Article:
Wildflower Meadows - Creating and maintaining flowering lawns and pots
Wild About Gardens - Bee action pack

Wildlife gardening can be in one small area of your plot:
This supposes wildlife will recognise and only use the bit of your garden you have set-aside and designated for it!  But, ordinary gardens, large or small, are great for wildlife, which will make the most use they can of all your plot. You can make a designated “Wildlife Patch”, but the wildlife will only respond if you have insect-friendly plants, which can be anywhere in your garden.

Wildlife gardens must be informal (and scruffy):
So you like a neat and tidy garden – no problem! You’ll still have lots of wildlife provided they have plenty of vegetation and you use preferably no or minimal pesticides and weedkillers. Letting areas of the garden re-wild doesn’t necessarily lead to more wildlife, as aggressive plants can take over, reducing biodiversity.  People who put in regular maintenance but like to see their gardens flourish in as natural a way as possible have probably got the happy medium.

Only common species live in gardens so they are not important for conservation:
Conservation is about saving all of nature, including common species that are now declining.
The biodiversity richness and conservation importance of garden is under-appreciated.

You must only plant native species:
Research has shown this is not necessarily true. Typical gardens planted for pleasure using ‘good’ non-natives are excellent. Check out Terry’s recommendations for inspiration here. But if you buy plants labelled ‘wildlife-friendly’, do check that they’ve not been sprayed, as many garden centre plants are, and these can do more harm than good.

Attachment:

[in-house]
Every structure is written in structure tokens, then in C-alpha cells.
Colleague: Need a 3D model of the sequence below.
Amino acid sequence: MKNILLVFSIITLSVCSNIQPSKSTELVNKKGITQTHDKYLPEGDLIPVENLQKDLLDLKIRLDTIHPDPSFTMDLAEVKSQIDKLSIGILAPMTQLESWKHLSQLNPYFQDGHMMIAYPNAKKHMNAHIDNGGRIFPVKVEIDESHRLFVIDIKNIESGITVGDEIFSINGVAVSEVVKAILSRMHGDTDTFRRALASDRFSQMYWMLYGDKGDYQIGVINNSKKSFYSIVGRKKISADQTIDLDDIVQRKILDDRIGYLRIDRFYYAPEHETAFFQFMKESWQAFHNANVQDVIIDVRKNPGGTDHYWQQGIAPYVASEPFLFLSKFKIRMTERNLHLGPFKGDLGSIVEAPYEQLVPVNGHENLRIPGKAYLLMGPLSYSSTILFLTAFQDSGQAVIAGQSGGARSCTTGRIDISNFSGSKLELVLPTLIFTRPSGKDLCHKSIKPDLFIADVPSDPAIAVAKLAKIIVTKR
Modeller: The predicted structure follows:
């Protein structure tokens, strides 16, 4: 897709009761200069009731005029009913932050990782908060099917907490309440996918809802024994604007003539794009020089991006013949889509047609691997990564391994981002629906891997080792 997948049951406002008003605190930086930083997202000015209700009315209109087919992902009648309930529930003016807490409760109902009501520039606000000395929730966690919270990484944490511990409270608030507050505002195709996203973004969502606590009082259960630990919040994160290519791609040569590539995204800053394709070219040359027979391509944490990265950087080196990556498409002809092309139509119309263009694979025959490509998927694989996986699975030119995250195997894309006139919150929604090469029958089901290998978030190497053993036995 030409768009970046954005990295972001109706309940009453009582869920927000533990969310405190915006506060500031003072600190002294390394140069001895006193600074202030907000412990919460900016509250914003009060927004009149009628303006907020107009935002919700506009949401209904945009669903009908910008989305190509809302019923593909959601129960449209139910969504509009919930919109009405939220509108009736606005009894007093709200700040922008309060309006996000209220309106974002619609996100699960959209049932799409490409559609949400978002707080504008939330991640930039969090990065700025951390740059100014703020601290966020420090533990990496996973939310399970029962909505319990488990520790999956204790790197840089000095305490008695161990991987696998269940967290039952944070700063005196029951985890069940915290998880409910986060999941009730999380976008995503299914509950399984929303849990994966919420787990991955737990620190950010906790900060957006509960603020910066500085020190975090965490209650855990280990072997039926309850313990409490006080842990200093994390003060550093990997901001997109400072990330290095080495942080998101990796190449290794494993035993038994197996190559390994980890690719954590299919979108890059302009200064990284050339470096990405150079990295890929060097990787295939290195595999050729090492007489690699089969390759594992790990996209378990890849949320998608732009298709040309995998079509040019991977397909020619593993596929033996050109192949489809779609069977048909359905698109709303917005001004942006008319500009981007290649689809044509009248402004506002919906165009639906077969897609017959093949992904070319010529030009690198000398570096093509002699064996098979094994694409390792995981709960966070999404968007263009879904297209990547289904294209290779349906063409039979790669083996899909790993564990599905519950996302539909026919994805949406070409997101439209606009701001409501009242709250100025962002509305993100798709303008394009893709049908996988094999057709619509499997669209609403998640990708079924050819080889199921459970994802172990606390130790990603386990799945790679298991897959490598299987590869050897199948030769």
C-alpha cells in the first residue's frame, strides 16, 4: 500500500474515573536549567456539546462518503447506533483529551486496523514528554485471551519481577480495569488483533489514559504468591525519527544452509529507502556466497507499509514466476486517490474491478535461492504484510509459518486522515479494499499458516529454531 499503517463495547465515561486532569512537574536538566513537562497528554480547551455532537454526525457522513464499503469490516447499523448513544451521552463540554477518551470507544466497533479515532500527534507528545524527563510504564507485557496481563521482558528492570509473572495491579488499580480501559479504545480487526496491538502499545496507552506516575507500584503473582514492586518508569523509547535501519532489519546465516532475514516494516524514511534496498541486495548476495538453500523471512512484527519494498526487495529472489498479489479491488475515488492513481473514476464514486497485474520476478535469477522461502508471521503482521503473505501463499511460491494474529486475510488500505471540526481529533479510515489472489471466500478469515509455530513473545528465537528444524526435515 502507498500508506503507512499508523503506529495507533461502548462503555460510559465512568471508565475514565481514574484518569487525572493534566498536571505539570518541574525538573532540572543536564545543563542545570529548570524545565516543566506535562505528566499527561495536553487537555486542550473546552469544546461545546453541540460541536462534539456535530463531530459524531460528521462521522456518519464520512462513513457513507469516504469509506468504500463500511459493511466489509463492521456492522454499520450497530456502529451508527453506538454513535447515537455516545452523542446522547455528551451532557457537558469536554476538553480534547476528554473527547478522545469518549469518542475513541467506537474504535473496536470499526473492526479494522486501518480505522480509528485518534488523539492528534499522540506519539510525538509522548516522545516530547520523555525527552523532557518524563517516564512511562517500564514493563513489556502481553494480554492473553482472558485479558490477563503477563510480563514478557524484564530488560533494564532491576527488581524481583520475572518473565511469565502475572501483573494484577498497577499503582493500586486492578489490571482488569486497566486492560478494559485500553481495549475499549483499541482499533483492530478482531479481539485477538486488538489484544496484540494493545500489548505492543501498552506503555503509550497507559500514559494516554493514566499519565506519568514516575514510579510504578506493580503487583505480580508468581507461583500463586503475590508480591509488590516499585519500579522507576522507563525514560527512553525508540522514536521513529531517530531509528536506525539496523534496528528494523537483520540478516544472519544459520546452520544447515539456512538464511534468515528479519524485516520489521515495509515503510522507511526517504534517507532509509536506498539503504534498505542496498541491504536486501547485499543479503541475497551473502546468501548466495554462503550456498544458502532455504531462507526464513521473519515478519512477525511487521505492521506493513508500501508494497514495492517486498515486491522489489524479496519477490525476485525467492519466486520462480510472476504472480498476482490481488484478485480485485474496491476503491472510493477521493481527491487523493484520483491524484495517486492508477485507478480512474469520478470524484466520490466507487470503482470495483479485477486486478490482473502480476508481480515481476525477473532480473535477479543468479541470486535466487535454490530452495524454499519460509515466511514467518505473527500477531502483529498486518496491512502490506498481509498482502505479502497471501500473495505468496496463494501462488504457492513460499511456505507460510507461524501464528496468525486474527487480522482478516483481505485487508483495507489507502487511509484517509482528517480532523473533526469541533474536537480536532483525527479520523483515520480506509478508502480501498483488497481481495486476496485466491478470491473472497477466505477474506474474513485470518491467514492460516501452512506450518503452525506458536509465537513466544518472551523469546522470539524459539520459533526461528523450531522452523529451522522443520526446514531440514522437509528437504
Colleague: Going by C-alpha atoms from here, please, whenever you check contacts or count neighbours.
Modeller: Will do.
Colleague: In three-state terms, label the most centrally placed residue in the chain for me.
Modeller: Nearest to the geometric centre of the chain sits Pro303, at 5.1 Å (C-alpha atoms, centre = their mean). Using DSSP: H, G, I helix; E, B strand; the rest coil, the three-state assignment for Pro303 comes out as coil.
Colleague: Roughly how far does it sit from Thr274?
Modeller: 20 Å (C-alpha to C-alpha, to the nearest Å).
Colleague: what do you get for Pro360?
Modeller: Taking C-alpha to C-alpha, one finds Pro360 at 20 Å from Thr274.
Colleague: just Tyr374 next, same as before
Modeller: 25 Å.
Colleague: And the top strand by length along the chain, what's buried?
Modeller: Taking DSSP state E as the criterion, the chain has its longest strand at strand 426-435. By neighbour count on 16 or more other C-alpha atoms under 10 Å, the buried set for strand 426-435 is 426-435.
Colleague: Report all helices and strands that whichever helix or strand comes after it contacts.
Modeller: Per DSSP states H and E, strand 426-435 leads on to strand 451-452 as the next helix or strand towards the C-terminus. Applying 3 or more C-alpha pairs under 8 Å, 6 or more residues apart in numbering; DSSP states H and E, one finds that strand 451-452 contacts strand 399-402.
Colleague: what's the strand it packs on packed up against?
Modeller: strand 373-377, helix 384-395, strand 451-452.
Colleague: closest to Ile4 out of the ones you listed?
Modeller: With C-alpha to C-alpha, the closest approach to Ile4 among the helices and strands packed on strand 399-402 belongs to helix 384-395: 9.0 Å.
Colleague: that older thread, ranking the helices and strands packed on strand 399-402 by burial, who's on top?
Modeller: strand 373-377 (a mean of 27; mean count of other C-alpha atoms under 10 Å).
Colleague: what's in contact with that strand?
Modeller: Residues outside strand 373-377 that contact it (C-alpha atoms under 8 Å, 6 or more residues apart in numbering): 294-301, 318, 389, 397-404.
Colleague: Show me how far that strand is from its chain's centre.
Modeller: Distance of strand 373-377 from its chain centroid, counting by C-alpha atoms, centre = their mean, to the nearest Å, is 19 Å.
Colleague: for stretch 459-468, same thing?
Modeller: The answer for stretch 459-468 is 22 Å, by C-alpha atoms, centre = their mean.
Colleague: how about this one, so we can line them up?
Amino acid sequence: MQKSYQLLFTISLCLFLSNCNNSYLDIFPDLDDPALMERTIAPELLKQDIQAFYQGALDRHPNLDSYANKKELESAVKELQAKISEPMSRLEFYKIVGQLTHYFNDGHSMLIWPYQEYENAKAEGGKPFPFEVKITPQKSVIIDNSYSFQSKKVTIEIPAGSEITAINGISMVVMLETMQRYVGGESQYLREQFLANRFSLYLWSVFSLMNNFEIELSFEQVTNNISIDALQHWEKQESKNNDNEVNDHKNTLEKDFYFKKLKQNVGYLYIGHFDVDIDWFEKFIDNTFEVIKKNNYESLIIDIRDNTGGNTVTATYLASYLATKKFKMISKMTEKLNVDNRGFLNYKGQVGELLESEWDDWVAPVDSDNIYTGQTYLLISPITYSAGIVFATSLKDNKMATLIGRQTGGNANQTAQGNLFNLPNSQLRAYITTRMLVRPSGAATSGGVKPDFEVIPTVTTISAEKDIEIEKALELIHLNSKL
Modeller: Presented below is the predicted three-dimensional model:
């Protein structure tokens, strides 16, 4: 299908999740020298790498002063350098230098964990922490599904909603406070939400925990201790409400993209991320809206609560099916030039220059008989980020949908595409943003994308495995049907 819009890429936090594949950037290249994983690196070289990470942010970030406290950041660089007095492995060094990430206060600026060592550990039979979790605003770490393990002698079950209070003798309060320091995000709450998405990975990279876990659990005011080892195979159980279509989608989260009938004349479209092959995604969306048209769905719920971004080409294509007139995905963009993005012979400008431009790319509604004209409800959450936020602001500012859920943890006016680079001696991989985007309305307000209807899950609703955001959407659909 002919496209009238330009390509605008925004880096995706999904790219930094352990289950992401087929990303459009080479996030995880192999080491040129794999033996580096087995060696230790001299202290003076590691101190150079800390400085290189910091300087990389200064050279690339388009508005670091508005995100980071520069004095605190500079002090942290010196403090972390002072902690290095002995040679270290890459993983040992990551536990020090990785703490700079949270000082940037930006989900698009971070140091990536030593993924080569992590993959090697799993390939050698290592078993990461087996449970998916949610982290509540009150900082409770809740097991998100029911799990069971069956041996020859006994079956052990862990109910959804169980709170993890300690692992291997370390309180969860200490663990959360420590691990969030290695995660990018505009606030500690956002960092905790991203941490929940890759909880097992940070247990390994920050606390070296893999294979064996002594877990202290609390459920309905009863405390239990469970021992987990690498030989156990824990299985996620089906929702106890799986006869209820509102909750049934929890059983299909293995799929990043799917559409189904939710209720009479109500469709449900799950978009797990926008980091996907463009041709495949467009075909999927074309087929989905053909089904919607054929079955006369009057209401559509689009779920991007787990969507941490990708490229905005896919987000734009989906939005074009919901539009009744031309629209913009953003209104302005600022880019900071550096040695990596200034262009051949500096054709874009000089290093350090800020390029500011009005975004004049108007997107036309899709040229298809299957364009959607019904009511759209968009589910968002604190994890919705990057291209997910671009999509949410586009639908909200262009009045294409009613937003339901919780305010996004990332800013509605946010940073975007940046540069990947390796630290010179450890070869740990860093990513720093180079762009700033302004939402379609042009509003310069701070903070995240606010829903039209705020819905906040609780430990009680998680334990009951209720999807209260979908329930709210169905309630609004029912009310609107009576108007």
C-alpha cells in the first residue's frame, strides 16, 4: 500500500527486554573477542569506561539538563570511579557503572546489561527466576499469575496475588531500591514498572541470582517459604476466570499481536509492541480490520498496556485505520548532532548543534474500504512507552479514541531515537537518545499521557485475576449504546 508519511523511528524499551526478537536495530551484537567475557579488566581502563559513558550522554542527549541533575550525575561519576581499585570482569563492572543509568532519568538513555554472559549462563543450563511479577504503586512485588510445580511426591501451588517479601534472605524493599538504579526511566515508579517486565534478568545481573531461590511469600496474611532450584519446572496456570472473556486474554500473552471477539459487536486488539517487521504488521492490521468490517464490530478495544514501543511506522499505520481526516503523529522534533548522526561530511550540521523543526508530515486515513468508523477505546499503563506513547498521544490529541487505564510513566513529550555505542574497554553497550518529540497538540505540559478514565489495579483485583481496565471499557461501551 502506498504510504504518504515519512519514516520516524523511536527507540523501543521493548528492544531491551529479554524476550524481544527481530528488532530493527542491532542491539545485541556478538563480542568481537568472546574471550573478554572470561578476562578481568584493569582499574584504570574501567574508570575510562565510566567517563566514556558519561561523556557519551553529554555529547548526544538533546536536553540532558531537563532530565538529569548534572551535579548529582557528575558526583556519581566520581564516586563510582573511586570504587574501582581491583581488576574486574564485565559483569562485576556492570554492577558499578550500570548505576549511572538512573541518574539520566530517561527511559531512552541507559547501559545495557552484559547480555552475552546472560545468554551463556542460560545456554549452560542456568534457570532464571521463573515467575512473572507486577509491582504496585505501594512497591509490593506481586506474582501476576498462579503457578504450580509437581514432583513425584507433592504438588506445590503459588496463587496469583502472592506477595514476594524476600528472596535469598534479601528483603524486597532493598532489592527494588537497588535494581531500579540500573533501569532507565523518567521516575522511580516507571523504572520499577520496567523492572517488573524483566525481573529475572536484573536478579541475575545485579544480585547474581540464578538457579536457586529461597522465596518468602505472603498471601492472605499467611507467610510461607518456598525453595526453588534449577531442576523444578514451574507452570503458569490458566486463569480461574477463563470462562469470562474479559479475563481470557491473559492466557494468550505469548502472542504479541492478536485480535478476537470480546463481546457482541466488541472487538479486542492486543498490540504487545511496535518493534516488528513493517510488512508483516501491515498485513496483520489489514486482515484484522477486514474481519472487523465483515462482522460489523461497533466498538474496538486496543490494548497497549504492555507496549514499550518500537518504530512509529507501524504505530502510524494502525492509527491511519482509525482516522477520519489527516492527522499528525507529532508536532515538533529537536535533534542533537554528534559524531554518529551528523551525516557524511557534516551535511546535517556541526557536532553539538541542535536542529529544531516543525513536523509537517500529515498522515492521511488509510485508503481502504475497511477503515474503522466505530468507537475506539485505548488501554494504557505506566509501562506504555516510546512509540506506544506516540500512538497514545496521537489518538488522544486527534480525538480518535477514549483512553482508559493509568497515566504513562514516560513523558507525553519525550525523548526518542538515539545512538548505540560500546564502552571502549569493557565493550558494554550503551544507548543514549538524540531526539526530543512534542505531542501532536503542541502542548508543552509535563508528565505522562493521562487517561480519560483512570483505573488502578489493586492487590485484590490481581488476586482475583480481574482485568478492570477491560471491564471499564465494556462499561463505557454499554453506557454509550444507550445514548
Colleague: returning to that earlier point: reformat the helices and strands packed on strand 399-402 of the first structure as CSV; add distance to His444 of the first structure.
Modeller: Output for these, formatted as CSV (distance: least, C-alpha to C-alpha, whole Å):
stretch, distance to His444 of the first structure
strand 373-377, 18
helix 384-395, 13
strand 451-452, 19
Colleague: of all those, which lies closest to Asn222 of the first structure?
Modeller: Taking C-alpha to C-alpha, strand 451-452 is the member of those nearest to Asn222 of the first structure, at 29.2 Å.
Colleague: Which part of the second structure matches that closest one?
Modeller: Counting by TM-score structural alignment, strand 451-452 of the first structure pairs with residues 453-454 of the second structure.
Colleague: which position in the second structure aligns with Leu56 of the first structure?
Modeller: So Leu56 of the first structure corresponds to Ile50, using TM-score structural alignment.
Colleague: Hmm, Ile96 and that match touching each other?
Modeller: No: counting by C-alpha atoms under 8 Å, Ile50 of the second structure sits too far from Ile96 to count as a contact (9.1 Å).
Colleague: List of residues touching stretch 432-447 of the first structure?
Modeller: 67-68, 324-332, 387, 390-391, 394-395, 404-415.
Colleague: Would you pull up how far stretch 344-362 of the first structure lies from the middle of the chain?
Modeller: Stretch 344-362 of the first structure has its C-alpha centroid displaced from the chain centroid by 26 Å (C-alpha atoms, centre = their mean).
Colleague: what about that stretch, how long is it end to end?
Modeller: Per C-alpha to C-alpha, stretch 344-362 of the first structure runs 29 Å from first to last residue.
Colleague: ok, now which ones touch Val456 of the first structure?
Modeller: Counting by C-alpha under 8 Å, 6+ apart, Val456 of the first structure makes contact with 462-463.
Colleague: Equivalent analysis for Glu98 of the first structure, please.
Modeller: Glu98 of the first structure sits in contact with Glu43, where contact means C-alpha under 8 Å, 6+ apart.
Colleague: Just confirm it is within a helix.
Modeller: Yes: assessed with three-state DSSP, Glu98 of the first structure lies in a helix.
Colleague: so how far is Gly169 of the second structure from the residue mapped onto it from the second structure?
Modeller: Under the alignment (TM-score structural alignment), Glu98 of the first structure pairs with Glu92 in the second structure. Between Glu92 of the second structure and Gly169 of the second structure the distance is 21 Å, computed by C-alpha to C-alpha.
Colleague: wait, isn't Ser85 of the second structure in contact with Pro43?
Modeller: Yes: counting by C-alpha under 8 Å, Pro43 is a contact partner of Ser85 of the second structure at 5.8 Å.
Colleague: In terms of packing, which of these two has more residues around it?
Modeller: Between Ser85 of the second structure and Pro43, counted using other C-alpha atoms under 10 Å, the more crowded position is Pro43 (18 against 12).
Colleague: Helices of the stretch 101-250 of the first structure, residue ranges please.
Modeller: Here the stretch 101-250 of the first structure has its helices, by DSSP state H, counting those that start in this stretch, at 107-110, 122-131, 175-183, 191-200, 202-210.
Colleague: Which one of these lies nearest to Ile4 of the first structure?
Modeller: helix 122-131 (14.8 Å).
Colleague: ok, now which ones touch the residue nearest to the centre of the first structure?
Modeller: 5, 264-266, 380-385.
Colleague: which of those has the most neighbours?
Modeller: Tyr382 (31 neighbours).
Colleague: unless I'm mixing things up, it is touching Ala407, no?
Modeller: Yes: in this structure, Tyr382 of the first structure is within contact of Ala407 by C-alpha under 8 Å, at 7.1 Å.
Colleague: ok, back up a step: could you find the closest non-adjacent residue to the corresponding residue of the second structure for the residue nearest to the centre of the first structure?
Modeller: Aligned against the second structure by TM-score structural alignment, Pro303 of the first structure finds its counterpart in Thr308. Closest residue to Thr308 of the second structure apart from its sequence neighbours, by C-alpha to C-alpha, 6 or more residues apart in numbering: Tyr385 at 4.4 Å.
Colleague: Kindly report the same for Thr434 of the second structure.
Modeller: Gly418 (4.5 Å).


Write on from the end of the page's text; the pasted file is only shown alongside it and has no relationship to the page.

You must plant nettles in wildlife gardens:
Nettles (like other “weeds”) are beneficial for wildlife, but given that they inevitably appear in all gardens, you don’t need to plant them, and don’t worry if you remove patches from where you don’t want them - it’s your garden!

Lawns are poor for wildlife and must be replaced with flowering meadows:
Typical lawns are much richer in plant species than people realise. But, variety is the spice of life, so if you allow all or part of a lawn to grow longer, it will allow more creatures to make a living. And you don’t have to spend so much time and energy cutting the grass!

Real wildlife gardeners don’t kill pests or weeds:
Real wildlife gardeners have every right to consider some biodiversity to be a problem and control pests. Even nature reserves remove invaders.

The info for this article has been taken from http://www.wlgf.org/myths_intro.html. Well worth checking out for more details, more myths and wildlife-friendly gardening advice.

Photograph by Terry Underhill

You can also download PDF files:
Wildflower Meadows - Creating and maintaining flowering lawns and pots
Wild About Gardens - Bee action pack

Click here to download a really useful Guide on things you can do at home to support our threatened insects. It has lots of great, simple suggestions. (Guide PDF file)

Top tips include:

*  Keep some dead or dying plant material for insects to hibernate over winter or take cover in poor weather.